Click the image to watch the interview!

If you loved Will Smith’s I Am Legend up until its final chapters, you’re in luck; a decidedly different denouement can be found on the special edition DVD, our top pick for you home video enthusiasts. For more subdued thrills, the Oscar-nominated romance Atonement is also new to shelves; Disney’s delightful princess pic Enchanted offers even lighter fare. More adventurous moviegoers have magnificent critical bungles to dissect in Richard Kelly’s science fiction Southland Tales, Guy Ritchie’s crime pic Revolver, also new this week.


I Am Legend – Two-Disc Special Edition

Tomatometer: 68%

While Will Smith‘s last-man-on-Earth pic broke box office records last December and proved yet again that the erstwhile Fresh Prince is worth his salt as an action hero, the final scenes of Francis Lawrence‘s adaptation (from the Richard Matheson novel) left many viewers cold. But Warner Bros. has the ultimate treat for those of you who left the theater shaking your heads: a wildly different alternate ending on the Two-Disc Special Edition of I Am Legend that might just redeem the theatrical cut’s last-act inanity. The muscled Smith acquits himself well as the last remaining survivor of a global outbreak, tromping the empty streets of Manhattan by day and battling the vampiric infected by night while slowly going crazy from loneliness. Catch the usual special features on an accompanying DVD-ROM, but again, the real reason to pick up this release is the film itself — and its bonus alternate ending.

Atonement

Tomatometer: 82%

Keira Knightley and James McAvoy star as young lovers torn apart by a single, devastating lie in director Joe Wright‘s stunning epic romance. When rich and beautiful Cecilia Tallis (Knightley) gets caught in a clinch with her childhood friend, Robbie Turner (McAvoy), their love must withstand a false accusation by Cecilia’s young sister, Briony (Saiorse Ronan) then prison, war, and separation. Wright’s critically acclaimed period pic — the epitome of the prestige piece, and movingly executed — is at once romance, mystery, war film and character drama, all set to Dario Marinelli‘s Oscar-winning syncopated, symphonic score. Deleted scenes, featurettes on adapting the Ian McEwan novel and making the film, and a commentary track by director Wright complement the release.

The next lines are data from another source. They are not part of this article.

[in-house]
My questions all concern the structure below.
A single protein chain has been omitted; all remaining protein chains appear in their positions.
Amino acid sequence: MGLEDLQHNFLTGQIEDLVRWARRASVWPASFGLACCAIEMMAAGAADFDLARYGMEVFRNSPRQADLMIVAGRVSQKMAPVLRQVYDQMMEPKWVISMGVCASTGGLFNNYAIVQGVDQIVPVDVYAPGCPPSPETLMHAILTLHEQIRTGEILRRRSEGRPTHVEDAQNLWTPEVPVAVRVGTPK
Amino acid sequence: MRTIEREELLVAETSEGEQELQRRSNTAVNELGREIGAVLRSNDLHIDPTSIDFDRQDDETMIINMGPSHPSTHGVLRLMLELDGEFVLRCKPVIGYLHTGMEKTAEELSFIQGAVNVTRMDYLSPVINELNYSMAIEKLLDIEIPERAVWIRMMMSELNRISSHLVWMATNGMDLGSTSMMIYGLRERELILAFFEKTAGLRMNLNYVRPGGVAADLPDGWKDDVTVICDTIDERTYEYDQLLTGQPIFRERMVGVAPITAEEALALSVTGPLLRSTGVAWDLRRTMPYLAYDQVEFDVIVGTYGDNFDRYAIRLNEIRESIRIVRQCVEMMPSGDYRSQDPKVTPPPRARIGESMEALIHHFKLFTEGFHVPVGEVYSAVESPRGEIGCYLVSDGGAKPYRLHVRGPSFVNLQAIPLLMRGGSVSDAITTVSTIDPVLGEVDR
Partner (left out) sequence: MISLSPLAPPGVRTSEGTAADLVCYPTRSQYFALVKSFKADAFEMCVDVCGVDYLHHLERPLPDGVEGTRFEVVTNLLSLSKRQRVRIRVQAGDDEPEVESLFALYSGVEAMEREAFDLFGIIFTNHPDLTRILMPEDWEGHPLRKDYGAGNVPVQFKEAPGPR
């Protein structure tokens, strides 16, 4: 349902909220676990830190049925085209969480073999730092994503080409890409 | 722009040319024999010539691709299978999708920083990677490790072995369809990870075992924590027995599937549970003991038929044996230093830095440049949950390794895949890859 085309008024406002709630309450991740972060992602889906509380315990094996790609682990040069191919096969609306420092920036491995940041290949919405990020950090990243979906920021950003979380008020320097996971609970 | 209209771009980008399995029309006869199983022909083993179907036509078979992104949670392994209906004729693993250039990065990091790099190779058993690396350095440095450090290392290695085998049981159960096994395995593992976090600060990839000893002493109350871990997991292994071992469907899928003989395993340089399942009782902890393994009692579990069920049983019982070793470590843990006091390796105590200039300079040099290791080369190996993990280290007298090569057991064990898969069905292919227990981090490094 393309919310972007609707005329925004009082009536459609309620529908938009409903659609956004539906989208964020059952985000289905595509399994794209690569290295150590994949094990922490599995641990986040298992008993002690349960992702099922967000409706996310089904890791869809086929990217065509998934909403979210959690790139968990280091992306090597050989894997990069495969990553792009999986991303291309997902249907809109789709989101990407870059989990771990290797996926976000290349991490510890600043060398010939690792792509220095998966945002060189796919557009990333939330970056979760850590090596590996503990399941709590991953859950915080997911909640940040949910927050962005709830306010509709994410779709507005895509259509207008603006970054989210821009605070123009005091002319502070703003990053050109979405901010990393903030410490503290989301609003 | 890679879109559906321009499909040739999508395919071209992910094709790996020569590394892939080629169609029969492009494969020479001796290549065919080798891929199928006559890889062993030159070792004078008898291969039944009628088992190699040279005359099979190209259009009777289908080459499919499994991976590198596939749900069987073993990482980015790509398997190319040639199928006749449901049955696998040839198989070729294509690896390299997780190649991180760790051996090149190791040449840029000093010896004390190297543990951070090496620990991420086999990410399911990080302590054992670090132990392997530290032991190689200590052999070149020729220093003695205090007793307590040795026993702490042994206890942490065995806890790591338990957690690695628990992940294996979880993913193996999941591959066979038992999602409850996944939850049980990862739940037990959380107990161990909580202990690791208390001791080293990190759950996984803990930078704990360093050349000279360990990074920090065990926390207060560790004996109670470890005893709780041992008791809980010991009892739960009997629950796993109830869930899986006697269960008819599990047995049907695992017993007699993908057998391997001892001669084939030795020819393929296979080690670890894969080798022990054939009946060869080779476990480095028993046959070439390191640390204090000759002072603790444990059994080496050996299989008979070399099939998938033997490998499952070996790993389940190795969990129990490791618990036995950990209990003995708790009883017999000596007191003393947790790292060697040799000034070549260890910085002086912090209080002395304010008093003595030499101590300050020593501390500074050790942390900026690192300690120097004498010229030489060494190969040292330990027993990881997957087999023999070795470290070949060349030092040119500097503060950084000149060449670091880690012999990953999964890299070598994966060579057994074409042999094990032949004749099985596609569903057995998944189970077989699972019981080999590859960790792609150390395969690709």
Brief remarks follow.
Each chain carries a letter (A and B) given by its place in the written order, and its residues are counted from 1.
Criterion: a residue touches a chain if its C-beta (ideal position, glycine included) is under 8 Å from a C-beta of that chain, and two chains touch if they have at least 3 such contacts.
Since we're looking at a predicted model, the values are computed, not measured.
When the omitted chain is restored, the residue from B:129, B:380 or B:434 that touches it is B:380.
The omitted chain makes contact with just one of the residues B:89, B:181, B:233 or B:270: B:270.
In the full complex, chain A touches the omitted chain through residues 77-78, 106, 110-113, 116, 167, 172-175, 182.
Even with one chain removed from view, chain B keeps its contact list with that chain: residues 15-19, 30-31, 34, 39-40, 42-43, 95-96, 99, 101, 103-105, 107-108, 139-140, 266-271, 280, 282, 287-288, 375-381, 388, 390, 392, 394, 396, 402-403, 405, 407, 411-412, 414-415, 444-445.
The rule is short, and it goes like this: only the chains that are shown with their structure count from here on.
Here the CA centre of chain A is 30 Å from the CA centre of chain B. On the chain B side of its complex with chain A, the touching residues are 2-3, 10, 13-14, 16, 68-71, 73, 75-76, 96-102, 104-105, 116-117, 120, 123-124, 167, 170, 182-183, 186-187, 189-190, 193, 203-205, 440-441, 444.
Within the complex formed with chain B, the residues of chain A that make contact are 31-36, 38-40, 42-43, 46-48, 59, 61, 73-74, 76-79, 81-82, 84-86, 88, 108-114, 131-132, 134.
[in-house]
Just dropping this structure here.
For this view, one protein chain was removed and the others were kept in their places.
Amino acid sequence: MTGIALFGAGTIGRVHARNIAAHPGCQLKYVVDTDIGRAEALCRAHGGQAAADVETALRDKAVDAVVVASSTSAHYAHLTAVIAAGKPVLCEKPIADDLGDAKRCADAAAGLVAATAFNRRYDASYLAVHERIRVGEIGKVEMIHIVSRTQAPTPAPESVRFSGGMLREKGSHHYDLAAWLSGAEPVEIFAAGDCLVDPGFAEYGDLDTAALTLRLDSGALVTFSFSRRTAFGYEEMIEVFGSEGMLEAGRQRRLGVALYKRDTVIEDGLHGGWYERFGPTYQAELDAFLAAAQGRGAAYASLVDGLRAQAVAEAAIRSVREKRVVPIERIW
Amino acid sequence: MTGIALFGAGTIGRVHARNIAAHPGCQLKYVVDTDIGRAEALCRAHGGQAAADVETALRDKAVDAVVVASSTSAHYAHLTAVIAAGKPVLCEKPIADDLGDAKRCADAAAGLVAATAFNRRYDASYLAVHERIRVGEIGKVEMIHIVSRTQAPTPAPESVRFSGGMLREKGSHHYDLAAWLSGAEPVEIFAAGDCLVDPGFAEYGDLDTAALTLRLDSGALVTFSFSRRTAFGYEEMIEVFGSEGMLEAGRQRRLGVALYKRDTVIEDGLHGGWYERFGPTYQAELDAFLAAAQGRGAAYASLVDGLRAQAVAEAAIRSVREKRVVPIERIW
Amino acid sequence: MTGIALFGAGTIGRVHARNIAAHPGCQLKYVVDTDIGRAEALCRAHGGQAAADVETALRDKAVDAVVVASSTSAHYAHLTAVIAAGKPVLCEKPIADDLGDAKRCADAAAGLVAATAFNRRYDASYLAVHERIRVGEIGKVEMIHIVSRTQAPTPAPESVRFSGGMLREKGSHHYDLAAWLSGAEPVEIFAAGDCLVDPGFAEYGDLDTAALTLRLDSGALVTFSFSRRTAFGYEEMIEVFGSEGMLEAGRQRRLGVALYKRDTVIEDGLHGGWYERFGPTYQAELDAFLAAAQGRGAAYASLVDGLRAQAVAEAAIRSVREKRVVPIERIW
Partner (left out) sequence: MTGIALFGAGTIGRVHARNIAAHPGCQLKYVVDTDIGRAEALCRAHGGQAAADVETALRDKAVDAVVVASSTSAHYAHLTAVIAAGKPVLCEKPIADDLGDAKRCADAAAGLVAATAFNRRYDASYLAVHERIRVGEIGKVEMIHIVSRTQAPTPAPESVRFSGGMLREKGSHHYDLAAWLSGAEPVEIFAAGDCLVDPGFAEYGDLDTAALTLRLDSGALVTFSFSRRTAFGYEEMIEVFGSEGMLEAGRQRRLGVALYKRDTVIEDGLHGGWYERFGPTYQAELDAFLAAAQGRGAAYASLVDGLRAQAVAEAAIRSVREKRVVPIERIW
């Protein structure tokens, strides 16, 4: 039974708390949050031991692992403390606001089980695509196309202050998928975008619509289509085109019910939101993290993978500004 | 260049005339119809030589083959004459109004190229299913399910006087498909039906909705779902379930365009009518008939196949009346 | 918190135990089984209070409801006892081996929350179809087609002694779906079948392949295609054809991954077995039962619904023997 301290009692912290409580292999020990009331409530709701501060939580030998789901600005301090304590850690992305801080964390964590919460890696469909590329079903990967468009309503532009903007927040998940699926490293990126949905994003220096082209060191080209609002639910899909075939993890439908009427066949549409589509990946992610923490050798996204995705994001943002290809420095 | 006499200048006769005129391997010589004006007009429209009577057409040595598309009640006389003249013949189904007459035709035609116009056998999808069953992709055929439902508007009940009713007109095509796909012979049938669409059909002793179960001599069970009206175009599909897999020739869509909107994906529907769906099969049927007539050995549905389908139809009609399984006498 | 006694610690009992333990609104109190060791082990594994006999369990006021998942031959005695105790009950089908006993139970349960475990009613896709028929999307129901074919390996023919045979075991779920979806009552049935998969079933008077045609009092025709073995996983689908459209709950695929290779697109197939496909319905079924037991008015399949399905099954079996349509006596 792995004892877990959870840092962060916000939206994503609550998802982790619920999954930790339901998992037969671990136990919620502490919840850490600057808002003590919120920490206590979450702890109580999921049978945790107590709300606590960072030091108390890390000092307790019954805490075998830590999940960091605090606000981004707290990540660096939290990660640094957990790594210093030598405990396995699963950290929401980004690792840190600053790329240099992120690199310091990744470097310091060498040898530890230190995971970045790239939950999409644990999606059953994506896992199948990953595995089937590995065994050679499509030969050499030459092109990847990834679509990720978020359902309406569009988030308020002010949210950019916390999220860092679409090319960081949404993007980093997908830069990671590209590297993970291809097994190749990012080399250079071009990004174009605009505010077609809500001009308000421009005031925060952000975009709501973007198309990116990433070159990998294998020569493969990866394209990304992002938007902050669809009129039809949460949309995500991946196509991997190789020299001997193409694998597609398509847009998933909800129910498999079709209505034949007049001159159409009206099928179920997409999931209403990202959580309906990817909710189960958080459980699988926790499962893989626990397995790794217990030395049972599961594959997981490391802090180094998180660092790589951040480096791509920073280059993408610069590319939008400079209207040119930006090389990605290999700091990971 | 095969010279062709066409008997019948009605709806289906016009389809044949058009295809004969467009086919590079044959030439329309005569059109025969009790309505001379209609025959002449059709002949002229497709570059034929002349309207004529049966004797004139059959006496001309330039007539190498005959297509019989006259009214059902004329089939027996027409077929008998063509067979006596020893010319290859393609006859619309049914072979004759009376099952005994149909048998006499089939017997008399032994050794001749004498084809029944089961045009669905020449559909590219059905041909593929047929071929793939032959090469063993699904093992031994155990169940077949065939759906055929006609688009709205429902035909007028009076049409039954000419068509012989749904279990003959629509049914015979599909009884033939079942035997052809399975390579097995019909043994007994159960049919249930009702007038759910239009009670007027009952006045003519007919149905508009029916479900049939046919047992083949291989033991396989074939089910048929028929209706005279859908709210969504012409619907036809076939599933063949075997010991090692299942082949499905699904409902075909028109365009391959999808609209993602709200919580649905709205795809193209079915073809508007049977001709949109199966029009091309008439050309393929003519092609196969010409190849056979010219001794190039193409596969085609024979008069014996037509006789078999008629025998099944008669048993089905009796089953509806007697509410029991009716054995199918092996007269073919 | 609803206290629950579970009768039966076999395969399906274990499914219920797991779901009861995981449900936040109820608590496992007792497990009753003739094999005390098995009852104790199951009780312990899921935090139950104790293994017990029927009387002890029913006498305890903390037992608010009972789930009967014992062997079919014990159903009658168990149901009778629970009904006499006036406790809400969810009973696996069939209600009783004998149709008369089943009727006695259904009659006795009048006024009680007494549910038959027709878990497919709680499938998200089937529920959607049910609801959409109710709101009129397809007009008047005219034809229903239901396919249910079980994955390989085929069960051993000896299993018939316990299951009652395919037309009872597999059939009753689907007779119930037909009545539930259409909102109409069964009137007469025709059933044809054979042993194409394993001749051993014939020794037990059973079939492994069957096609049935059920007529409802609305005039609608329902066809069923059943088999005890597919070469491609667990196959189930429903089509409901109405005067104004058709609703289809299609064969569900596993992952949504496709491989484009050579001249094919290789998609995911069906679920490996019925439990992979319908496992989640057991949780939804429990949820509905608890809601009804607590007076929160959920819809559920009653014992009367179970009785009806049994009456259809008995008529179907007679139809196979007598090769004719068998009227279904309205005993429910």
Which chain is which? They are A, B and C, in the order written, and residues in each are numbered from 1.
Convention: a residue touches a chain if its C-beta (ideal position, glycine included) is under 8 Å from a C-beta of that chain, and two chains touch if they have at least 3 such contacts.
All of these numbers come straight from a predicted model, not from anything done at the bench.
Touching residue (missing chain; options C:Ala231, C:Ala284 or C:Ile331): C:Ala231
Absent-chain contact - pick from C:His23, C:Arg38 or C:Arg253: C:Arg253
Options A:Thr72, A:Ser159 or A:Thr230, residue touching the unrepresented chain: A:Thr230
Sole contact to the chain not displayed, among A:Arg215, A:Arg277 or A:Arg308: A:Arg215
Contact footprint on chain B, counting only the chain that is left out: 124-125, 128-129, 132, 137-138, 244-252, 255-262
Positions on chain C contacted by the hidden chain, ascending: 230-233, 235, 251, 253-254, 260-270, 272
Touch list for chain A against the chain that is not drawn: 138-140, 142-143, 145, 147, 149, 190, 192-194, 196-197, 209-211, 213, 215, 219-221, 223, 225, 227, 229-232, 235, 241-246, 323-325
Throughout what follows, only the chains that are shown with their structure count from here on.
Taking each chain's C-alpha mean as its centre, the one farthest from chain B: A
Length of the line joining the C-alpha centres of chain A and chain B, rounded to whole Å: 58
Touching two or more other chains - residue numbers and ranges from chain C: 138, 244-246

Enchanted


Tomatometer: 93%

The limitation of classic Disney films like Snow White, Cinderella, and Sleeping Beauty has been that, while perfectly…enchanting within the confines of their animated worlds, such stories couldn’t possibly translate with real actors. (Besides, where would you find real mice and birds that could sew Cinderella’s dress together without making a mess?) Enter Enchanted, Disney’s stab at a live-action princess movie complete with animal friends and impromptu singing; with the lovable Amy Adams as a cartoon heroine come to life in dirty, real-life New York City, the Mouse House gamble proved lucky. Critics liked the film’s relentlessly cheery sensibility and self-aware Disneyfications; we like a good blooper reel on any DVD release. Extras include Carrie Underwood’s music video for “Ever Ever After” and behind-the-scenes featurettes for two of the film’s Oscar-nominated songs.

Southland Tales


Tomatometer: 34%

Not a single American film in the past few years has piqued as much curiosity, or as much critical debate, as Richard Kelly‘s Southland Tales. A huge-scaled futuristic-philosophical romp about fate in post-nuclear Los Angeles starring the likes of Dwayne “The Rock” Johnson, Sarah Michelle Gellar, Seann William Scott, Justin Timberlake, and half the cast of Saturday Night Live, Kelly’s sci-fi opus was either an artsy, ambitious endeavor or simply the sophomore slump inevitably following Kelly’s similarly divisive Donnie Darko. Yours truly was in the infamous Cannes audience when Kelly unleashed his behemoth upon the world and will be among the obsessed watching the DVD over and over for any clue as to what he was thinking; alas, no explanation by way of director commentary appears on this initial disc.